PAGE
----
The President of the European Commission has taken on an ever more prominent leading role within the College of Commissioners, with the increasingly presidential system eclipsing the principle of collegiate decision-making. With the European Parliament now more involved in the appointment, the Presidency has not only become a much more politicised office, but the President has also gained greater influence vis-à-vis the other members of the Commission. The Commission President plays a crucial role in relations between Parliament and Commission. Presenting his or her priorities to Parliament prior to election sets the course for the whole term, on which the President will be called to account by Parliament. Building on this, Parliament has an increasingly prominent role in political agenda-setting, shaping the EU's legislative programming together with the Commission and the Council. At the end of President Barroso's second term as Commission President, many had criticised the lack of ambitious initiatives undertaken, whereas others believe that the economic and institutional difficulties which the EU faced made this inevitable. The legacy of President Juncker's mandate can claim, on the one hand, to show progress in trade and defence, although some maintain that more ambition could have been displayed in other areas, for instance on the digital market or monetary union. On the other hand, the Juncker Commission introduced some significant changes in the College's working methods and a more political role for the Commission. Whereas Jean-Claude Juncker had been a Spitzenkandidat (lead candidate) in the European elections, Ursula von der Leyen, nominated as candidate for the Commission presidency by the European Council on 2 July, was not. As none of the Spitzenkandidaten were seen to have a clear majority in Parliament, it remains to be seen whether an 'outsider' from that process can muster the support of the required majority of Parliament's component Members at the time of the election, currently planned for the July II plenary session. This is an updated edition of a 2014 briefing drafted by Eva-Maria Poptcheva.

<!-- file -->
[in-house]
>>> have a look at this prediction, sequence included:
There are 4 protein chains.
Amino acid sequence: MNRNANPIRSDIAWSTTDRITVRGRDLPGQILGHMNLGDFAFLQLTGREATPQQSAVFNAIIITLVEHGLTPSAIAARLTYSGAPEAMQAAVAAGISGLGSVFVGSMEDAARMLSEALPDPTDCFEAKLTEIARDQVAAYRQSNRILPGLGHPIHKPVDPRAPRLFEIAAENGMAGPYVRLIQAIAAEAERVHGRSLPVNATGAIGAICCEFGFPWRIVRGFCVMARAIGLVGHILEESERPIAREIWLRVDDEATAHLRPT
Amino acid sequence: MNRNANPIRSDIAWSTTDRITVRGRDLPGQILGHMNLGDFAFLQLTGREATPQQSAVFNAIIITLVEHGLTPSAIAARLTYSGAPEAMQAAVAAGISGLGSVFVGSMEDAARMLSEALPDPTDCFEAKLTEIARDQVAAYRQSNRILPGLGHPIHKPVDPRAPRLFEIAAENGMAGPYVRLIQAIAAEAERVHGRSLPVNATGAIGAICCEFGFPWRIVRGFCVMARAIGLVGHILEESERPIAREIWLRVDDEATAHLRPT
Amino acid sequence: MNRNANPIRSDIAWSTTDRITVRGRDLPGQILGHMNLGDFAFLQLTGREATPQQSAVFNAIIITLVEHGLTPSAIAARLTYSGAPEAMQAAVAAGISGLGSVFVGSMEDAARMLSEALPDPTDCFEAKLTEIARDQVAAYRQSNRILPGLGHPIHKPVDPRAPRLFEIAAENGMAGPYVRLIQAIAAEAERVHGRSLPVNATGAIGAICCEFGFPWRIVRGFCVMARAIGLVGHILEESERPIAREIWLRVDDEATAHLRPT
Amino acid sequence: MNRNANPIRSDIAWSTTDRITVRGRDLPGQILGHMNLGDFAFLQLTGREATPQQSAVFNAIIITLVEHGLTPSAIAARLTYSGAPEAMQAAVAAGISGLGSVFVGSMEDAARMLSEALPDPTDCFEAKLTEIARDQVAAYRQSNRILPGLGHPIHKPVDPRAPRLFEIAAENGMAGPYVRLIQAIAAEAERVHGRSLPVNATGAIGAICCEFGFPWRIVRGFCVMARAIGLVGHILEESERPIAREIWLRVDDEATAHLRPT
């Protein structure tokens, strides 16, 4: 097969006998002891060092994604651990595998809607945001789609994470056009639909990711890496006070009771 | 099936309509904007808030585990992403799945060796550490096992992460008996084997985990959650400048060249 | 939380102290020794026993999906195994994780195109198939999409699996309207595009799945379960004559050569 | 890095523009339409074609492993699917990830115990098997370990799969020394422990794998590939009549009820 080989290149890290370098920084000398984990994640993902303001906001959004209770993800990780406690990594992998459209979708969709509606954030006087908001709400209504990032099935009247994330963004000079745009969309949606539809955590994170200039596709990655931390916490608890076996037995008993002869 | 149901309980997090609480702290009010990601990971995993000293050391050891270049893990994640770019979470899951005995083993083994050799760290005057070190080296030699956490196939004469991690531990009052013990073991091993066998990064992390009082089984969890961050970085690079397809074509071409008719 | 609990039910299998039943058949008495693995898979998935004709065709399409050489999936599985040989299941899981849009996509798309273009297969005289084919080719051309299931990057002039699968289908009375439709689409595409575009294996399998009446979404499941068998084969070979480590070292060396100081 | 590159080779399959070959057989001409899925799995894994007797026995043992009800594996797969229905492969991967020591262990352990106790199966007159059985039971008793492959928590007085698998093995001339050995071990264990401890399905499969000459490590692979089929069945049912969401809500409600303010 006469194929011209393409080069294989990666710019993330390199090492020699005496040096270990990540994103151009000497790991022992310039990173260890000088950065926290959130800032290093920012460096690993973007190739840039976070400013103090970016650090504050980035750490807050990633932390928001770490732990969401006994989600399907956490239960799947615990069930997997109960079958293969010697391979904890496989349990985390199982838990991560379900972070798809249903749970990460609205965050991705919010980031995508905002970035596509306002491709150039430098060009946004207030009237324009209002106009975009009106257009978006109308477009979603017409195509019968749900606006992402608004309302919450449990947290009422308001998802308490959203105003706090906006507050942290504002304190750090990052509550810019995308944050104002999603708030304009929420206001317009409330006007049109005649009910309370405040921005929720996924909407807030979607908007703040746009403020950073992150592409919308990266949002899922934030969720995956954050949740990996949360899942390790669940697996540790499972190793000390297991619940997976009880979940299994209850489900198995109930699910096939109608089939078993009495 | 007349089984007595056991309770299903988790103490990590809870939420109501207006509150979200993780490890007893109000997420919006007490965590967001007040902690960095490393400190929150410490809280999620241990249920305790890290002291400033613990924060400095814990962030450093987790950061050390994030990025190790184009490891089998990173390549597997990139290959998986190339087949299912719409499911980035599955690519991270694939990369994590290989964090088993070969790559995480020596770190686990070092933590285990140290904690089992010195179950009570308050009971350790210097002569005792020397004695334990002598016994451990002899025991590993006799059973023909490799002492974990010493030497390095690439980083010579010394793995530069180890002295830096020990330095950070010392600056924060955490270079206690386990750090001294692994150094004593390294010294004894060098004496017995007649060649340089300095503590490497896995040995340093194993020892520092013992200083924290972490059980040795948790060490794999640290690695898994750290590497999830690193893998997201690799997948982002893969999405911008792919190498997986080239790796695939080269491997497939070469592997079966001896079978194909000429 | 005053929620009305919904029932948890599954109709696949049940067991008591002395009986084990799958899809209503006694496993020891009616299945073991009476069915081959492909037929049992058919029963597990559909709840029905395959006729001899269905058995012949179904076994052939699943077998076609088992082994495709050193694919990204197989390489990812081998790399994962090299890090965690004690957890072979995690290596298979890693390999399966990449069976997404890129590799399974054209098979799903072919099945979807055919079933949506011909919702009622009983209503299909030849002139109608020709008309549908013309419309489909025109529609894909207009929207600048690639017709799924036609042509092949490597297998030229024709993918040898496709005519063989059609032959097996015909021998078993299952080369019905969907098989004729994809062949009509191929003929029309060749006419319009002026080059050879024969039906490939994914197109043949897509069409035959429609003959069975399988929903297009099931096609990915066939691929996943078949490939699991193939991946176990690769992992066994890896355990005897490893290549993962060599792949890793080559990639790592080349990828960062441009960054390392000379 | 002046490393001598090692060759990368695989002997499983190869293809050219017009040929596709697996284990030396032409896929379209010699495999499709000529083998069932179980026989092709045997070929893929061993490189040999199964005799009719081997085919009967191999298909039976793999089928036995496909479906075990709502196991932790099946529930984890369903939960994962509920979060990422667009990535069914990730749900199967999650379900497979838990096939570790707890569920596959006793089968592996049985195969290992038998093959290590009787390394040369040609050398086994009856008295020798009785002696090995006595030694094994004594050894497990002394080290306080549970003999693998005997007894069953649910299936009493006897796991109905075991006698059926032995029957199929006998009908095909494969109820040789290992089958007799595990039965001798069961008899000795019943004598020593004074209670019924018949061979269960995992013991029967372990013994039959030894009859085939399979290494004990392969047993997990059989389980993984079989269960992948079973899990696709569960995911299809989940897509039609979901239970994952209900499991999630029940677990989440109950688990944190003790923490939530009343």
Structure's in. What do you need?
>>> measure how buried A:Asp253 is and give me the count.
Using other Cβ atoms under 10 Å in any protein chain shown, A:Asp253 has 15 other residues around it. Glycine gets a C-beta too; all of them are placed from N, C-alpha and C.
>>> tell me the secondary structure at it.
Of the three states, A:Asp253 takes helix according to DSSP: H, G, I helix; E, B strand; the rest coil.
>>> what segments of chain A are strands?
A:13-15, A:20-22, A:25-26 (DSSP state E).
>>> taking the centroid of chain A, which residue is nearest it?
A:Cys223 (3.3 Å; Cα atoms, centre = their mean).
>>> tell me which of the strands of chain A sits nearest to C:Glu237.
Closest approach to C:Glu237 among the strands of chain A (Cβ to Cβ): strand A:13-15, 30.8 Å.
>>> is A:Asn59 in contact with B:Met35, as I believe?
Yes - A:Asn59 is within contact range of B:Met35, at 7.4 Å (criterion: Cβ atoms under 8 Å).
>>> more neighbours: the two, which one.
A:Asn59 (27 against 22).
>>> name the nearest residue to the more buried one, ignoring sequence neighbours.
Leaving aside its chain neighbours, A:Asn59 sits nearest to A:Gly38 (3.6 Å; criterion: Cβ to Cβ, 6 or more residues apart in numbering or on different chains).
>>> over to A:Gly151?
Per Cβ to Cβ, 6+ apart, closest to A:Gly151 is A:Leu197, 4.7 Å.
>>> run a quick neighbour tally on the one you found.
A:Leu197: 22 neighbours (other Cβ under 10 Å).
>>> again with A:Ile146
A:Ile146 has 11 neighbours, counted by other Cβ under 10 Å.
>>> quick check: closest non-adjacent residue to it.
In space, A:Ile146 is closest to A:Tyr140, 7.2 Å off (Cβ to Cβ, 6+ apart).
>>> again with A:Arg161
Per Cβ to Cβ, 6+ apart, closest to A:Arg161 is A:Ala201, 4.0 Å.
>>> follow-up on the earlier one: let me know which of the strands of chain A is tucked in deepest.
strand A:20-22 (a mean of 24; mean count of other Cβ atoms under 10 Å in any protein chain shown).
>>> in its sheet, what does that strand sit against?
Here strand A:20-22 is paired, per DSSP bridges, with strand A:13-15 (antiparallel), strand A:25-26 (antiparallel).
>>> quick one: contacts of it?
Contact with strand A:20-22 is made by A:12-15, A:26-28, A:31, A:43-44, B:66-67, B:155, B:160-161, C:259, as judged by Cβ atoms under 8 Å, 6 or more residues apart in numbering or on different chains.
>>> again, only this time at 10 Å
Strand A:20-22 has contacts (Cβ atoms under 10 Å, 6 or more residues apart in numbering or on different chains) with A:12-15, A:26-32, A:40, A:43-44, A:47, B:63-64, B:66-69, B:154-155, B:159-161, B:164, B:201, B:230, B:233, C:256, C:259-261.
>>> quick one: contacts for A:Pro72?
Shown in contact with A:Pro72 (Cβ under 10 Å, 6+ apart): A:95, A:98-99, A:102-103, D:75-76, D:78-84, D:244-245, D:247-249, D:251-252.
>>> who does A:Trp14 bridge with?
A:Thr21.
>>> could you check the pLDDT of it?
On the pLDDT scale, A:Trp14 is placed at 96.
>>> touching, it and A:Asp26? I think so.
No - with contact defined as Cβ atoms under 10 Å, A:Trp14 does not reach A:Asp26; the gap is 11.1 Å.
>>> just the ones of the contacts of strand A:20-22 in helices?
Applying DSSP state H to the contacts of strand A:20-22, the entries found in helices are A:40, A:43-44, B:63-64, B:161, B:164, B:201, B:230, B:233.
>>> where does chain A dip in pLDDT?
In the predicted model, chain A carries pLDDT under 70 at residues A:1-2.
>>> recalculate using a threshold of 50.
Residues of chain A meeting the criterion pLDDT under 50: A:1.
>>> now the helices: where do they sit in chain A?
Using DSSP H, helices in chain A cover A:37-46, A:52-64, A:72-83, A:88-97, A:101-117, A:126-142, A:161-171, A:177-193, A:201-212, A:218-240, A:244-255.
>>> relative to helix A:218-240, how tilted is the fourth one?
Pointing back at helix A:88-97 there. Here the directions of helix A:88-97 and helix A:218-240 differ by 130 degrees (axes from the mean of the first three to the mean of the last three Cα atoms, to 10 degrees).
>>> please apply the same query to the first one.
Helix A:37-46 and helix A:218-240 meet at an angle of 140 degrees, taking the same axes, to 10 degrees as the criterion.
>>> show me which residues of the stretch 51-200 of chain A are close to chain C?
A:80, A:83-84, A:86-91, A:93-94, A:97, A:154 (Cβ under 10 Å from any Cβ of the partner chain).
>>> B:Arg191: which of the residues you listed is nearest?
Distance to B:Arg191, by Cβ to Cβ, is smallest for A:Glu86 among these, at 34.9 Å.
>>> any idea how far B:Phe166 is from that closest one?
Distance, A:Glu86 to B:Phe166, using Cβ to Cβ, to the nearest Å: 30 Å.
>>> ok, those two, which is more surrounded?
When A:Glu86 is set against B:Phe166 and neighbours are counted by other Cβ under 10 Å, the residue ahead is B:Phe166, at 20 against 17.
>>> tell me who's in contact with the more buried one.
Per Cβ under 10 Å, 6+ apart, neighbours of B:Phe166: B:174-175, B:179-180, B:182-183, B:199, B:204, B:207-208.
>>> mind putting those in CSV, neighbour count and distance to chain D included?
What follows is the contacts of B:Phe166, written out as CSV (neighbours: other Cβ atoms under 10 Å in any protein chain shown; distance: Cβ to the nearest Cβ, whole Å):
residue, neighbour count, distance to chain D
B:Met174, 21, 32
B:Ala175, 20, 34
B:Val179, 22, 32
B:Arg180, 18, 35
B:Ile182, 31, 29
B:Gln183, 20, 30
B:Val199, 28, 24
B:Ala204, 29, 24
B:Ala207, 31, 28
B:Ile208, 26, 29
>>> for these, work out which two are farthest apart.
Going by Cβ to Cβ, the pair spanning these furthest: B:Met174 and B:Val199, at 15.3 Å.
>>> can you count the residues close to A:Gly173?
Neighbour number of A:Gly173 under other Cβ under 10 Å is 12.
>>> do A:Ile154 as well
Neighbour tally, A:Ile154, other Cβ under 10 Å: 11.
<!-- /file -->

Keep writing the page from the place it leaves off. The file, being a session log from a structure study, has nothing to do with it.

Outcome of the special European Council meeting of 30 June-2 July

03-07-2019

The special European Council agreed on a package of EU high-level appointments including, the German Defence Minister, Ursula von der Leyen (Germany) as candidate for the office of European Commission President. The Prime Minister of Belgium, Charles MIchel, was elected as incumbent European Council President. Josep Borrell (Spain) was nominated for High Representative of the Union for Foreign Affairs and Security Policy and Christine Lagarde (France) for President of the European Central Bank.

The special European Council agreed on a package of EU high-level appointments including, the German Defence Minister, Ursula von der Leyen (Germany) as candidate for the office of European Commission President. The Prime Minister of Belgium, Charles MIchel, was elected as incumbent European Council President. Josep Borrell (Spain) was nominated for High Representative of the Union for Foreign Affairs and Security Policy and Christine Lagarde (France) for President of the European Central Bank.

Election of the President of the European Commission: Understanding the Spitzenkandidaten process

05-04-2019

The European Parliament has long sought to ensure that, by voting in European elections, European citizens not only elect the Parliament itself, but also have a say over who would head the EU executive – the European Commission. What became known as the 'Spitzenkandidaten process' is a procedure whereby European political parties, ahead of European elections, appoint lead candidates for the role of Commission President, with the presidency of the Commission then going to the candidate of the political ...

The European Parliament has long sought to ensure that, by voting in European elections, European citizens not only elect the Parliament itself, but also have a say over who would head the EU executive – the European Commission. What became known as the 'Spitzenkandidaten process' is a procedure whereby European political parties, ahead of European elections, appoint lead candidates for the role of Commission President, with the presidency of the Commission then going to the candidate of the political party capable of marshalling sufficient parliamentary support. The Parliament remains firmly committed to repeating the process in 2019 and, with EP elections now only weeks away, attention has shifted to the European political parties. A number of parties have nominated lead candidates, and this briefing gives an overview of their nominees, as well as looking more broadly at the process. This is a revised and further updated edition of an earlier briefing; previous edition from February 2019.